Connecting Gen Ys with Baby Boomers Through Formal Mentoring

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Building a Mentoring Program to Connect Gen Ys & Baby Boomers

In an era where employees are expected to produce more with less, organizations are looking for innovative ways to transfer knowledge, engage employees and support a high performing work environment. Formal mentoring programs are becoming increasingly popular as a way to connect younger, less experienced Gen Ys (mentees) with experienced Baby Boomers (mentors) in order to build a strong learning organization.

Why should you create a formal mentoring program?

Formal mentoring programs are important because they demonstrate that your organization values the development of Gen Ys’ skills while acknowledging and harnessing the expertise of experienced Baby Boomers. Mentoring is an on-going, long term process. It’s about facilitating positive change through open conversations in a safe environment for both Baby Boomer mentors and Gen Y mentees. The goal is to support mentees’ learning and development by helping them gain new knowledge, behaviours and attitudes.

Benefits of Formal Mentoring between Baby Boomers & Gen Ys

A well-structured mentoring program offers numerous benefits, including:

  • Facilitating knowledge transfer
  • Enhancing professional and personal development of Gen Y employees
  • Increasing retention of high performers
  • Lowering turnover costs
  • Increasing productivity and performance
  • Obtaining first-hand knowledge about how Gen Ys think and work
  • Building a learning organization
  • Supporting a strong and positive employer brand

Formal Mentoring and Success At Xerox

We’ve worked with Xerox Canada over the last two years to develop a formal mentoring program that lets Gen Y employees gain guidance and direction on how to build a successful career at Xerox. A key factor of success was ensuring that all stakeholders were clear on the scope of the program (what could and could not be achieved through mentoring) and how the program differed from other performance-based coaching and development initiatives. The project emphasizes that mentors support Gen Y mentees in gaining knowledge by sharing their experiences, by asking great questions, by challenging their decision-making and by expanding their problem-solving skills. The program was supported by the senior leadership and piloted with high performing employees. It has now being rolled out to employees across the organization, with formal training being delivered using e-learning and live virtual sessions.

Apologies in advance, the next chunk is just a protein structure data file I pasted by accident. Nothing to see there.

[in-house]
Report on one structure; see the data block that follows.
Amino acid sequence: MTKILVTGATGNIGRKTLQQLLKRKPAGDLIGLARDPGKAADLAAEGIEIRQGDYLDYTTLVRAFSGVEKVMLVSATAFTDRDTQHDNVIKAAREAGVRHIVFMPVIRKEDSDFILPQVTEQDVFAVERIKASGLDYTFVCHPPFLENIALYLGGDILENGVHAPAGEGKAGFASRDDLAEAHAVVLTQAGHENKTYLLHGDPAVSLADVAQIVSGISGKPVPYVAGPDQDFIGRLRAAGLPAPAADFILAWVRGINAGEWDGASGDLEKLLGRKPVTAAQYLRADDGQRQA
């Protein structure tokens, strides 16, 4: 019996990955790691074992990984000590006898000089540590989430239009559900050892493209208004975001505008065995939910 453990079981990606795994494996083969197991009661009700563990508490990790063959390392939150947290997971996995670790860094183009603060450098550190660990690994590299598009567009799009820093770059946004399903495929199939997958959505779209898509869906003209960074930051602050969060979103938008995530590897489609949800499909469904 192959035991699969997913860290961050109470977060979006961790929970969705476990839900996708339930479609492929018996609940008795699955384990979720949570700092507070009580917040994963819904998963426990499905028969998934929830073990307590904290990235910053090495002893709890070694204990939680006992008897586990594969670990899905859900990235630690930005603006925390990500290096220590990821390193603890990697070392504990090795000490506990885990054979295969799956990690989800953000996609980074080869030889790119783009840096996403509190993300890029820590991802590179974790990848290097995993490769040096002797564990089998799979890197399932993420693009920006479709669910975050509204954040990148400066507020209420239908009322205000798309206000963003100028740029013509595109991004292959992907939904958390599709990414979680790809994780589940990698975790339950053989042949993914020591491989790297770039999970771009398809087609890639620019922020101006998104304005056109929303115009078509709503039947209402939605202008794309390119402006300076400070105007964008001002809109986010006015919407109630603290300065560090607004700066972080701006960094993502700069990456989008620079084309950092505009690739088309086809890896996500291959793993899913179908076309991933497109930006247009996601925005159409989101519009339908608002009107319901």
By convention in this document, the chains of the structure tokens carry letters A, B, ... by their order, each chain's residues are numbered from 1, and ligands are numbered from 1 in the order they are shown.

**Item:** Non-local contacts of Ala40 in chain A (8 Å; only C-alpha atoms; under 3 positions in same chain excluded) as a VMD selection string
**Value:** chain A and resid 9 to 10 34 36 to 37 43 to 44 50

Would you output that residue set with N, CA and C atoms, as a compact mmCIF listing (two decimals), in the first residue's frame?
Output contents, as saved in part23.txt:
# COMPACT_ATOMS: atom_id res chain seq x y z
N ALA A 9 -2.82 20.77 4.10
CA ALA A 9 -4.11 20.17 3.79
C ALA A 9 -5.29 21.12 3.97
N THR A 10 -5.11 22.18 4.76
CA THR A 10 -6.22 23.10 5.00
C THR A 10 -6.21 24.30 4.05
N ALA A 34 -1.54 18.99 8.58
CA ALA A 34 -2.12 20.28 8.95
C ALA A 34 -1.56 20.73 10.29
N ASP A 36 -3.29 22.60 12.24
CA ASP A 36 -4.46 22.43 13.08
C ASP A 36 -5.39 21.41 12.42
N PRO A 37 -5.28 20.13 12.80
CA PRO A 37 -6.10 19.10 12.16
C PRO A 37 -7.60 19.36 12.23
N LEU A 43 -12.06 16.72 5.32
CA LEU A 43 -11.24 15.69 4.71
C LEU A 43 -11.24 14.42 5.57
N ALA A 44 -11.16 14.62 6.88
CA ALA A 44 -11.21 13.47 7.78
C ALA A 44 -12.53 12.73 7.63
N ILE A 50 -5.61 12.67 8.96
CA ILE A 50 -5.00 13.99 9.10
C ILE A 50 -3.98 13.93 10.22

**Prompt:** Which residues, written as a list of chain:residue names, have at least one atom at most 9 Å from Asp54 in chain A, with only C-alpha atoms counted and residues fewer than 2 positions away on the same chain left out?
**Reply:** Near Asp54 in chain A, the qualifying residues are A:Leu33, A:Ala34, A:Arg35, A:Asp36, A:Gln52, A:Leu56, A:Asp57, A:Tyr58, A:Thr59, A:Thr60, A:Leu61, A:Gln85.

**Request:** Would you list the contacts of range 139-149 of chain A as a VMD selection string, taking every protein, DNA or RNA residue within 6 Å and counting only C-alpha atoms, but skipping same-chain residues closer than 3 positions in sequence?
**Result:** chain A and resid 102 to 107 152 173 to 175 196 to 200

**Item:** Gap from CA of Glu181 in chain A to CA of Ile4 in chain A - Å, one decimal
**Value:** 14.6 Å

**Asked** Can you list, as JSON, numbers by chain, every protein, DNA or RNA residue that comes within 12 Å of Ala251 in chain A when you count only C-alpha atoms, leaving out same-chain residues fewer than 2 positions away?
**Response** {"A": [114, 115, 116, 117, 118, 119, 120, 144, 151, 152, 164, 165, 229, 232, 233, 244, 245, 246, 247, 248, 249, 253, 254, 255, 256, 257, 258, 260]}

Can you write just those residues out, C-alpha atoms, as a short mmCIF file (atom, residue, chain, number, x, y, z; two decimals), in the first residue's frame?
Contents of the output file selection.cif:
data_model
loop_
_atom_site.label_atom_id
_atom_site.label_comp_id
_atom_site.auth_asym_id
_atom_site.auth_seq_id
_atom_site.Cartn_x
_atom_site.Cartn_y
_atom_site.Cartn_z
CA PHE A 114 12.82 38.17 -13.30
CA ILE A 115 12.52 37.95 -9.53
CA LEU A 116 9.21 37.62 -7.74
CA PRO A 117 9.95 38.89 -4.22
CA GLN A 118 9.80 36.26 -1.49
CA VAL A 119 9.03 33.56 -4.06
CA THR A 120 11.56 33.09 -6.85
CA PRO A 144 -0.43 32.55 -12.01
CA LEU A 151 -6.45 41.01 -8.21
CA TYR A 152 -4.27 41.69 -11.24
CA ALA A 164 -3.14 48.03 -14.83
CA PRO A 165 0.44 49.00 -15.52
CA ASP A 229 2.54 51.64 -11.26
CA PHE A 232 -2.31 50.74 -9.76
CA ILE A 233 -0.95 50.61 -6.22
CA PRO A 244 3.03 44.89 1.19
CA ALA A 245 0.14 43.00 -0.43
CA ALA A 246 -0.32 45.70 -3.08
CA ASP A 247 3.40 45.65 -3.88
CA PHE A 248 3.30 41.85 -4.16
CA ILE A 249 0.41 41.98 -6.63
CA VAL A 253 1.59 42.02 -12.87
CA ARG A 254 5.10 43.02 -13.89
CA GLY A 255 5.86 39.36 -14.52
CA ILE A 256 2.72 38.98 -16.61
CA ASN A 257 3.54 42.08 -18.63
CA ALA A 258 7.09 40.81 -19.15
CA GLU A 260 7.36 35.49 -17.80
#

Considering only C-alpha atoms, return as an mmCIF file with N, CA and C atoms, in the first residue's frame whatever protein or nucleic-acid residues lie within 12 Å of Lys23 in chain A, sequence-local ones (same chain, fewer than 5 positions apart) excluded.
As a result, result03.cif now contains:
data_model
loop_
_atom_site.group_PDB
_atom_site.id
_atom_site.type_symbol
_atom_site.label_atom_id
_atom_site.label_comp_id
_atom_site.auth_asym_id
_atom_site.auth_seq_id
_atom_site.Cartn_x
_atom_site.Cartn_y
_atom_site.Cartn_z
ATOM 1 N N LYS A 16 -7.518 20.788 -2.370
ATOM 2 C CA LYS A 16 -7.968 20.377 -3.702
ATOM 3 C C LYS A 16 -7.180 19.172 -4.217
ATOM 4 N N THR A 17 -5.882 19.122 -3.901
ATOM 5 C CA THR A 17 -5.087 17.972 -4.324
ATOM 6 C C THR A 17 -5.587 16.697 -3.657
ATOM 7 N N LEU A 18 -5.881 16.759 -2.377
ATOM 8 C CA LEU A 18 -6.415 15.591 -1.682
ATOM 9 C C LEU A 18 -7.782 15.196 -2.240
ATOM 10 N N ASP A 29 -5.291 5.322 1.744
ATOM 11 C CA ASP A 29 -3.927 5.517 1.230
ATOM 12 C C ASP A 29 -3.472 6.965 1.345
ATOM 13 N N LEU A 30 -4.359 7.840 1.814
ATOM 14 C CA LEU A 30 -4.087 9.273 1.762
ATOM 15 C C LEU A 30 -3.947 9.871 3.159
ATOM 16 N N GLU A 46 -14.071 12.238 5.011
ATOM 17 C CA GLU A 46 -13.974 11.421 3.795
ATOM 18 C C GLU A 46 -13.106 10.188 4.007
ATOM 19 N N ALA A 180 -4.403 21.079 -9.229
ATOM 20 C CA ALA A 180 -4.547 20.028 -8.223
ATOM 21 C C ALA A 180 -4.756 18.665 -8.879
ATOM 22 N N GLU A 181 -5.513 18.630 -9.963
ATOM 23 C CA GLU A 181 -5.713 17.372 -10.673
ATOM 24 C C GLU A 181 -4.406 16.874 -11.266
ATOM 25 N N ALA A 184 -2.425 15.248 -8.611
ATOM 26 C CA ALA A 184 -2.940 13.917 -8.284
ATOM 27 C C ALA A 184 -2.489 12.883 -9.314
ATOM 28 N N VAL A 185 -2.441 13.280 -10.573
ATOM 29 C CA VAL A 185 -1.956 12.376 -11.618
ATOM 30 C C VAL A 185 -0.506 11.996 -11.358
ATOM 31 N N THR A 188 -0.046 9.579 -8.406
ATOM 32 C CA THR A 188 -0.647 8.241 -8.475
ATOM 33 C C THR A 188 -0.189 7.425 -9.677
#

How to Build a Mentoring Program for Gen Ys and Baby Boomers

  1. Develop a business case for a formal program, including the what, why and how
  2. Design the program & identify all elements (application process, matching process, training, support, evaluation etc.)
  3. Develop & market, including internal communications and marketing to recruit mentees & mentors
  4. Implement, including a pilot program to test out program design
  5. Evaluate, including capturing mentor and mentee feedback throughout the pilot and implementation

Take a Generational Approach

From a generational perspective, it’s important to incorporate elements in your program that will engage and connect both Gen Ys and Baby Boomers. Tap into Baby Boomers’ desires to contribute, add value and share their experiences by having them become mentors to Gen Y employees. Encourage Baby Boomers to act as a sounding board for mentees’ goals and to draw upon their own experience to help Gen Ys successfully navigate the organization.

To align to Gen Ys’ expectations that mentoring focus on their individual learning needs, not just what the mentor wants to teach, allow Gen Ys to choose their desired mentor from three potential matches. Match Gen Ys and Baby Boomers based on their specific developmental goals (aligned to your organization’s competencies) and allow for matching based on demographic data.

For Gen Ys, it is imperative to create a successful mentoring relationship based on two-way respect and feedback. To achieve that goal, mentors and mentees should participate in a formal training program that outlines their accountabilities and responsibilities.

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